An actinic keratosis is a rough or scaly patch of skin that develops from years of overexposure to the sun. They are more common in adults over 40, and usually appear on the face, neck, ears, and hands, or any other area frequently exposed to sunlight or other artificial UV light sources, such as tanning beds.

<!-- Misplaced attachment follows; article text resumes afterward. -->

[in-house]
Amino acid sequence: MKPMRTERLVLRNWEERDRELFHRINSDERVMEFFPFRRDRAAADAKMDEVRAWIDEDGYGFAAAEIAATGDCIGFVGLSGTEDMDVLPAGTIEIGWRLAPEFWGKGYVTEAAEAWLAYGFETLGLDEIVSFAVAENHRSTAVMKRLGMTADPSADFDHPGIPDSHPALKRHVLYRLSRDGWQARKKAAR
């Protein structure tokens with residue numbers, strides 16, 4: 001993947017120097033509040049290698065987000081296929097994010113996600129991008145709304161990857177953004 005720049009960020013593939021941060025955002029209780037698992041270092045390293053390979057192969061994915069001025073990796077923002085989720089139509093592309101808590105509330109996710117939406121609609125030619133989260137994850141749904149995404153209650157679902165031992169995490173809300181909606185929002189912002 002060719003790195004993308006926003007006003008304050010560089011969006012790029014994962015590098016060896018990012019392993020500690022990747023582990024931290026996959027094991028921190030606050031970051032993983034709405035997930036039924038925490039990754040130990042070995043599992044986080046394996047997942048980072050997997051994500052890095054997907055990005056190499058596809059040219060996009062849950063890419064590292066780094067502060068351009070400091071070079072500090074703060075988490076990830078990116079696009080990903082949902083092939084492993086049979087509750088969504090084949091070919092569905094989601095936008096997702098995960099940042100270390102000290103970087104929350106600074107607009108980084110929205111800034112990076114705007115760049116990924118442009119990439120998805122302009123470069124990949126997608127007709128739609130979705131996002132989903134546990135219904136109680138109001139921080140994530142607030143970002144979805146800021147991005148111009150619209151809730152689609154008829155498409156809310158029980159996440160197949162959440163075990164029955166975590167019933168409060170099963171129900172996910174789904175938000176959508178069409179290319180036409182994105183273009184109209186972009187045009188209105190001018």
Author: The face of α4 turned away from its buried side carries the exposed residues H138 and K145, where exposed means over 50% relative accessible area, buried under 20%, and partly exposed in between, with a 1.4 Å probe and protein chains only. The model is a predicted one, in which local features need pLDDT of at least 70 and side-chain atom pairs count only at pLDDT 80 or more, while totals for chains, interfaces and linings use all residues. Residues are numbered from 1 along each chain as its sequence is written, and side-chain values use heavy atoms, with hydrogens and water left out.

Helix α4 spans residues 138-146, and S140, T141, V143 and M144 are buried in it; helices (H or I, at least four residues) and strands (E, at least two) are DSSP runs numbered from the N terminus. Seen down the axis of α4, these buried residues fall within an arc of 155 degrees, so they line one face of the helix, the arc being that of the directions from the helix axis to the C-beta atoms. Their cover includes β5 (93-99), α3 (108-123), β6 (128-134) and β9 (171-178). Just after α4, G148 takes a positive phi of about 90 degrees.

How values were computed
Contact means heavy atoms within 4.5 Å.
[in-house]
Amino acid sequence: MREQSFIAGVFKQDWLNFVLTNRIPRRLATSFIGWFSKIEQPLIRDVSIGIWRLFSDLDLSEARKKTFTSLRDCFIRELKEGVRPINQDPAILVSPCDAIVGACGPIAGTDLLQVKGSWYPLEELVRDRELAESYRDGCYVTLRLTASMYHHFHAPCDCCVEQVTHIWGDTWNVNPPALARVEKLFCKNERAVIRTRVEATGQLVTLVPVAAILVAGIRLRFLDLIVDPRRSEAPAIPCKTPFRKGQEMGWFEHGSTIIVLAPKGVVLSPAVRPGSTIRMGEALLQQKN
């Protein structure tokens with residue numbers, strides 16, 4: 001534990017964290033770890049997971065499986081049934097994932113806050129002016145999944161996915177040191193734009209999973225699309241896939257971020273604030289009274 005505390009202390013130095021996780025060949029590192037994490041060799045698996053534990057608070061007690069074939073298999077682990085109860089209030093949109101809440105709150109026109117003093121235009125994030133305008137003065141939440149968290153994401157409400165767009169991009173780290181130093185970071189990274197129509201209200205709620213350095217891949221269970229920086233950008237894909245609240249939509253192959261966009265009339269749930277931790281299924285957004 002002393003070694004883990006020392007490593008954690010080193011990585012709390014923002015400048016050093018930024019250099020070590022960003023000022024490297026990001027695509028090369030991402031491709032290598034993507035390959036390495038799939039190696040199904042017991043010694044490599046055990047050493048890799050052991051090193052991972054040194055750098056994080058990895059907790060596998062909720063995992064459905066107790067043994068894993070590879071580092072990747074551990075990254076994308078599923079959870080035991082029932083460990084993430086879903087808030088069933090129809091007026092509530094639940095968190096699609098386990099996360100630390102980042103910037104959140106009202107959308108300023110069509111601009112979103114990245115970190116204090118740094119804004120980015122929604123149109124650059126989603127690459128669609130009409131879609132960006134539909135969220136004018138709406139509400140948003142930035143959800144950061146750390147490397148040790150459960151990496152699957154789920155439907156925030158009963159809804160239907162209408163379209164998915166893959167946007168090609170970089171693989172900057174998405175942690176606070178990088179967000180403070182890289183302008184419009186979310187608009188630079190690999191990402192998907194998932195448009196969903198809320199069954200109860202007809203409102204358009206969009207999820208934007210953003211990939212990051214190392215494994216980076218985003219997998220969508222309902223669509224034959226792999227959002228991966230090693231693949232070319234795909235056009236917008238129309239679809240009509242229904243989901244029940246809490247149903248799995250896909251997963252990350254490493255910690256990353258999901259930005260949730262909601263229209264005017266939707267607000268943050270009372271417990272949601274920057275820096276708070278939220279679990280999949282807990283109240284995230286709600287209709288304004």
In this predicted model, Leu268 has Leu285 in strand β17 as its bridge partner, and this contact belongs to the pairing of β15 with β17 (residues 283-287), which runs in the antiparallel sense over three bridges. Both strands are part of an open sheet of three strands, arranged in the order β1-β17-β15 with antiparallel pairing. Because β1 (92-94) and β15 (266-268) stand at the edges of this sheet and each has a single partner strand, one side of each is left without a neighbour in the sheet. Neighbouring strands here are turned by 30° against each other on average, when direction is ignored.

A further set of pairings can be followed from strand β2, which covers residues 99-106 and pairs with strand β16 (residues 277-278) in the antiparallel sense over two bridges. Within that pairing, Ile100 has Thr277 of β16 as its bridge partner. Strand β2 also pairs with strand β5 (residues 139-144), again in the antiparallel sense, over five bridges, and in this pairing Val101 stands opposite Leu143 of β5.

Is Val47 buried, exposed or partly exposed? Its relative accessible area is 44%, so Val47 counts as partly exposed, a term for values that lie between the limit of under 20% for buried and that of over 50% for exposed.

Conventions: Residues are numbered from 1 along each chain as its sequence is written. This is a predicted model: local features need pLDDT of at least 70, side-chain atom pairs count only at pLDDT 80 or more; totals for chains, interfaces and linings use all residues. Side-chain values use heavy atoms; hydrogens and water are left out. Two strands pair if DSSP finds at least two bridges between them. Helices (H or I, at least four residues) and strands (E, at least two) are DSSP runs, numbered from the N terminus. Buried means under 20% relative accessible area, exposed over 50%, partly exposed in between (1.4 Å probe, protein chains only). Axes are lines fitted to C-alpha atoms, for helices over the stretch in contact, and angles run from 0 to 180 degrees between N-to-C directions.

Actinic keratoses usually develop slowly and often are so small they can be felt before they are seen on the skin. They can appear red, tan, pink, brown, or even the same color as your skin. The affected area will feel dry and scaly like sandpaper, and if irritated may even bleed. Actinic keratoses are usually removed once identified due to the possibility of the area becoming cancerous. A small percent of actinic keratoses can become skin cancers in the form of Squamous Cell Carcinoma, with older untreated areas more likely to become cancerous.